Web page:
1 year ago

    https://www.duolingo.com/Scutigera

    Thank you for the support AnneChernett. I figured I'd be down-voted into oblivion as those are numbers too. =]

    Congrats on your abilities and efforts and the fruits they have borne. :)

    The lucky thing is that the Europeans will understand you if you speak in the Brazilian way in part because they have Brazilian (and US and UK too) shows on TV, but it is harder to understand the Europeans yourself if you are used to the Brazilian forms.

    1 year ago

    https://www.duolingo.com/AnneChernett

    I think Mel and Margot may have moved on as their comments are 4 years old :-) but I still enjoy following these discussions. When they are not silly they are usually interesting....and even silly can be a good laugh.

    1 year ago

    https://www.duolingo.com/mondlichtnd
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    Duolingo is teaching/focusing on Brazilian Portuguese, a perfectly valid variant of the language. That's why you are going to see a preference for Brazilian vocabulary.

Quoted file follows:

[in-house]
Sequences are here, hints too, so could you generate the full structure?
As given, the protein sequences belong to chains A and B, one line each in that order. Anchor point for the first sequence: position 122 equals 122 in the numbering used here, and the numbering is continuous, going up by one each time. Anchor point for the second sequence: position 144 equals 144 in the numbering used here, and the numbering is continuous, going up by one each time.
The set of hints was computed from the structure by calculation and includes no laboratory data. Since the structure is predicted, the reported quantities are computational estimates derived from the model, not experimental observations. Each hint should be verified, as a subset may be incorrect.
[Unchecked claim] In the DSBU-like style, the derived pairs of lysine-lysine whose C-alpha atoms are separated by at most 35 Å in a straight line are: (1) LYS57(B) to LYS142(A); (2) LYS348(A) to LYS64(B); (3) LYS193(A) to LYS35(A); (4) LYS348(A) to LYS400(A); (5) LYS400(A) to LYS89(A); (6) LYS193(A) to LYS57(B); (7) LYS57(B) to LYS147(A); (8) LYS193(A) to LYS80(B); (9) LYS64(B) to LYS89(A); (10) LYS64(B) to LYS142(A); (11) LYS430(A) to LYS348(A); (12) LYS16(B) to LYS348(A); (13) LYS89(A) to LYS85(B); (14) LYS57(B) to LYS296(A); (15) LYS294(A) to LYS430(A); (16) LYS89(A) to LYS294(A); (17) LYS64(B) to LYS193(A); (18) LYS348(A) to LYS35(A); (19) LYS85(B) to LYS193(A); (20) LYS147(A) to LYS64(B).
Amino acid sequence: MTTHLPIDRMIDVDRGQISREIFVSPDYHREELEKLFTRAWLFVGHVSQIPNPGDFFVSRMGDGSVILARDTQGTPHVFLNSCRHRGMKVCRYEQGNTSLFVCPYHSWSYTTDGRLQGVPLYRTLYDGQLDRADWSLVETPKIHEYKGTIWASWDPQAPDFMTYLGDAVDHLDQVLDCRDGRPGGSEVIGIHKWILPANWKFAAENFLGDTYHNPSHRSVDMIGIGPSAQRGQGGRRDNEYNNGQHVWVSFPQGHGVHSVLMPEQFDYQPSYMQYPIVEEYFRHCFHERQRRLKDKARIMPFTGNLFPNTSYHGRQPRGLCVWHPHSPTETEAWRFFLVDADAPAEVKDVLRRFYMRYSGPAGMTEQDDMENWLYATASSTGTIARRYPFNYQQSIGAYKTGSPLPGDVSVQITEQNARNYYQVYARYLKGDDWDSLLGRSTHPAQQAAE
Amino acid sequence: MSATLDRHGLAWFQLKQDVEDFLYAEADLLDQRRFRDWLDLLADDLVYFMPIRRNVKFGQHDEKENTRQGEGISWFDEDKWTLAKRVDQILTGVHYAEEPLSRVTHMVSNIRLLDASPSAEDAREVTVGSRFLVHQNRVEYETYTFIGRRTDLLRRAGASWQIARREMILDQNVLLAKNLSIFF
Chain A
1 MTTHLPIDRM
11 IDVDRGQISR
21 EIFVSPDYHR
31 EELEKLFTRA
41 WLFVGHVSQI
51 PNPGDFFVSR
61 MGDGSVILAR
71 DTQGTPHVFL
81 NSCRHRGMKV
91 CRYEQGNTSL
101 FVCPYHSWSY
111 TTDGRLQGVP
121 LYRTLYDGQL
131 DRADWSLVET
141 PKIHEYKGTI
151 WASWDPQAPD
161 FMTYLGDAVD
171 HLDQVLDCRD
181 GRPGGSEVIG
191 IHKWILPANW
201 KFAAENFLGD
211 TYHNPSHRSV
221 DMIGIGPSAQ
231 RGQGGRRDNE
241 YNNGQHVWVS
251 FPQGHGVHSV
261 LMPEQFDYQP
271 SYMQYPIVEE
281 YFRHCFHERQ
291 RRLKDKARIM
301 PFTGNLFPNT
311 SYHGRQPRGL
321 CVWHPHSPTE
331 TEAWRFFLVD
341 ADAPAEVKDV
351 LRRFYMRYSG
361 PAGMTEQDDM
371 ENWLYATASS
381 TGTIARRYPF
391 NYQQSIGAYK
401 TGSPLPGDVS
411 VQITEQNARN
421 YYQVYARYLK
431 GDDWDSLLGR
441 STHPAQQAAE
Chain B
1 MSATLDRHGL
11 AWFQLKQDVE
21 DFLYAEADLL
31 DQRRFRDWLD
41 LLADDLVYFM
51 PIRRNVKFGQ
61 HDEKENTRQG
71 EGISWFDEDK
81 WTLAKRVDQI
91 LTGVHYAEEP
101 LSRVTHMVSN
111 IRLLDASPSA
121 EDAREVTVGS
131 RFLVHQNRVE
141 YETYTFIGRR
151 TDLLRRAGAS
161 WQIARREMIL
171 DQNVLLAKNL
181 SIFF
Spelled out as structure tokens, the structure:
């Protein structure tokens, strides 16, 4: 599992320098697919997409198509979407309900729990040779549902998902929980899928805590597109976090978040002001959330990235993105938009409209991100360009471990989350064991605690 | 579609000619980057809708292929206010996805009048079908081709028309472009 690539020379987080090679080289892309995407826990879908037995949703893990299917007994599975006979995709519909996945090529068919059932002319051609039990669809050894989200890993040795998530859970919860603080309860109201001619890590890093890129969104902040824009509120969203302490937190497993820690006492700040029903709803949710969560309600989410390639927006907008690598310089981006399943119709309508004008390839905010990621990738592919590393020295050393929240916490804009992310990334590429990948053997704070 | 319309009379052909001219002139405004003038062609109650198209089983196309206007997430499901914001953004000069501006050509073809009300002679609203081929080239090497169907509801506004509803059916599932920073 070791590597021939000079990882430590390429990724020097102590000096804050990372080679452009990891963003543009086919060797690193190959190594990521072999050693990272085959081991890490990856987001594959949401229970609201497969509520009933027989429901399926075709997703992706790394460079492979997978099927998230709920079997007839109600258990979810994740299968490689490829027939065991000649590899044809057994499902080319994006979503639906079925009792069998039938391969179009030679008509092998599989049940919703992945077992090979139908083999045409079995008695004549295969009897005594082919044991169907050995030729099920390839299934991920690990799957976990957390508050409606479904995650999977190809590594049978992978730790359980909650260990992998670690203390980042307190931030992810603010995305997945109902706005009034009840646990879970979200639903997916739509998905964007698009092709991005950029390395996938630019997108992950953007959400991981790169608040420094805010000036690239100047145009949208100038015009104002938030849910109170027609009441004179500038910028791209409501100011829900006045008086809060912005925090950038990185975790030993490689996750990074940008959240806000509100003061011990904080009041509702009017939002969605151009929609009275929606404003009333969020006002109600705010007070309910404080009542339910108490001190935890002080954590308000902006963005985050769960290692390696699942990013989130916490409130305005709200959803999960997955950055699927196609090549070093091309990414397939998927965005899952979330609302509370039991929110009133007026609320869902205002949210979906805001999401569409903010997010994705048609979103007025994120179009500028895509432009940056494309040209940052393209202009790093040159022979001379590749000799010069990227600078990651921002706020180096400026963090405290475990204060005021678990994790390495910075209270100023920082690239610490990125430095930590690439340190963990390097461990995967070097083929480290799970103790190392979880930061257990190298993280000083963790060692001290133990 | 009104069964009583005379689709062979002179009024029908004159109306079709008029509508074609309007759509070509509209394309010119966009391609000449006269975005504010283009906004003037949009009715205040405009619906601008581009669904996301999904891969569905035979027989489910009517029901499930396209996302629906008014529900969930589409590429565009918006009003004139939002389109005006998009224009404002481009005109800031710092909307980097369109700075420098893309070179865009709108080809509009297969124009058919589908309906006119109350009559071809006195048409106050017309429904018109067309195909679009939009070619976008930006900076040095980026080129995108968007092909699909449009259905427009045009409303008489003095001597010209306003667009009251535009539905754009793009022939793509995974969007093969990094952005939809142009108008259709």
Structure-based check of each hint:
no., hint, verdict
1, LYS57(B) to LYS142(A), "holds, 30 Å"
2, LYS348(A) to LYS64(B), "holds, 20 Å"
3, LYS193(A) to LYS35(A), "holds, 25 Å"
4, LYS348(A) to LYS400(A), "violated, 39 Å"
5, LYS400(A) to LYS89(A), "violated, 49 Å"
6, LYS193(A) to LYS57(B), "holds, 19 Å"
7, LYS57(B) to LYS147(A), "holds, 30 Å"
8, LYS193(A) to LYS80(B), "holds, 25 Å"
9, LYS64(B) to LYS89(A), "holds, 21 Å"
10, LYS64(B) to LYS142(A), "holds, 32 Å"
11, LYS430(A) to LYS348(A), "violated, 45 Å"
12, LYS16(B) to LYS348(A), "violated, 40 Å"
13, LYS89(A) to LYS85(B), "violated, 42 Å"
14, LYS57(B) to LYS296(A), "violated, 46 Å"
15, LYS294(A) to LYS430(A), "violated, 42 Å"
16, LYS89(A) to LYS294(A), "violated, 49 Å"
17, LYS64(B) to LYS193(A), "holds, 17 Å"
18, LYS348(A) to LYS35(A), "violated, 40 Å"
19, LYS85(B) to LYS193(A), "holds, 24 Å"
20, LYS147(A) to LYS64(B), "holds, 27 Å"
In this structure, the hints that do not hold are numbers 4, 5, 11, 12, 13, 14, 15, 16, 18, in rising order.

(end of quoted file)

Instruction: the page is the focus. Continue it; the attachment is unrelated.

6 years ago

    https://www.duolingo.com/Frencesca

    Look at the flag in the toolbar: it is Brazilian, so don't complain.

    5 years ago

    https://www.duolingo.com/jsknight

    mel106, você é ignorante. A próxima vez você quer fazer comentário, pensa antes de aparecer como uma idiota. Aprende isso e responde.

    5 years ago

    https://www.duolingo.com/jcorrea312

    Womp womp lol

    3 years ago

    https://www.duolingo.com/AnneChernett

    I'm English and can understand most Americans and Australians when they use funny words and accents so it is a totally positive thing to learn Brazilian Portuguese when I really want to learn European Portuguese. (It's my son who has the Portuguese girlfriend :-) ) I'm finding the European Portuguese words pop up in these wonderful discussions we are having.

    3 years ago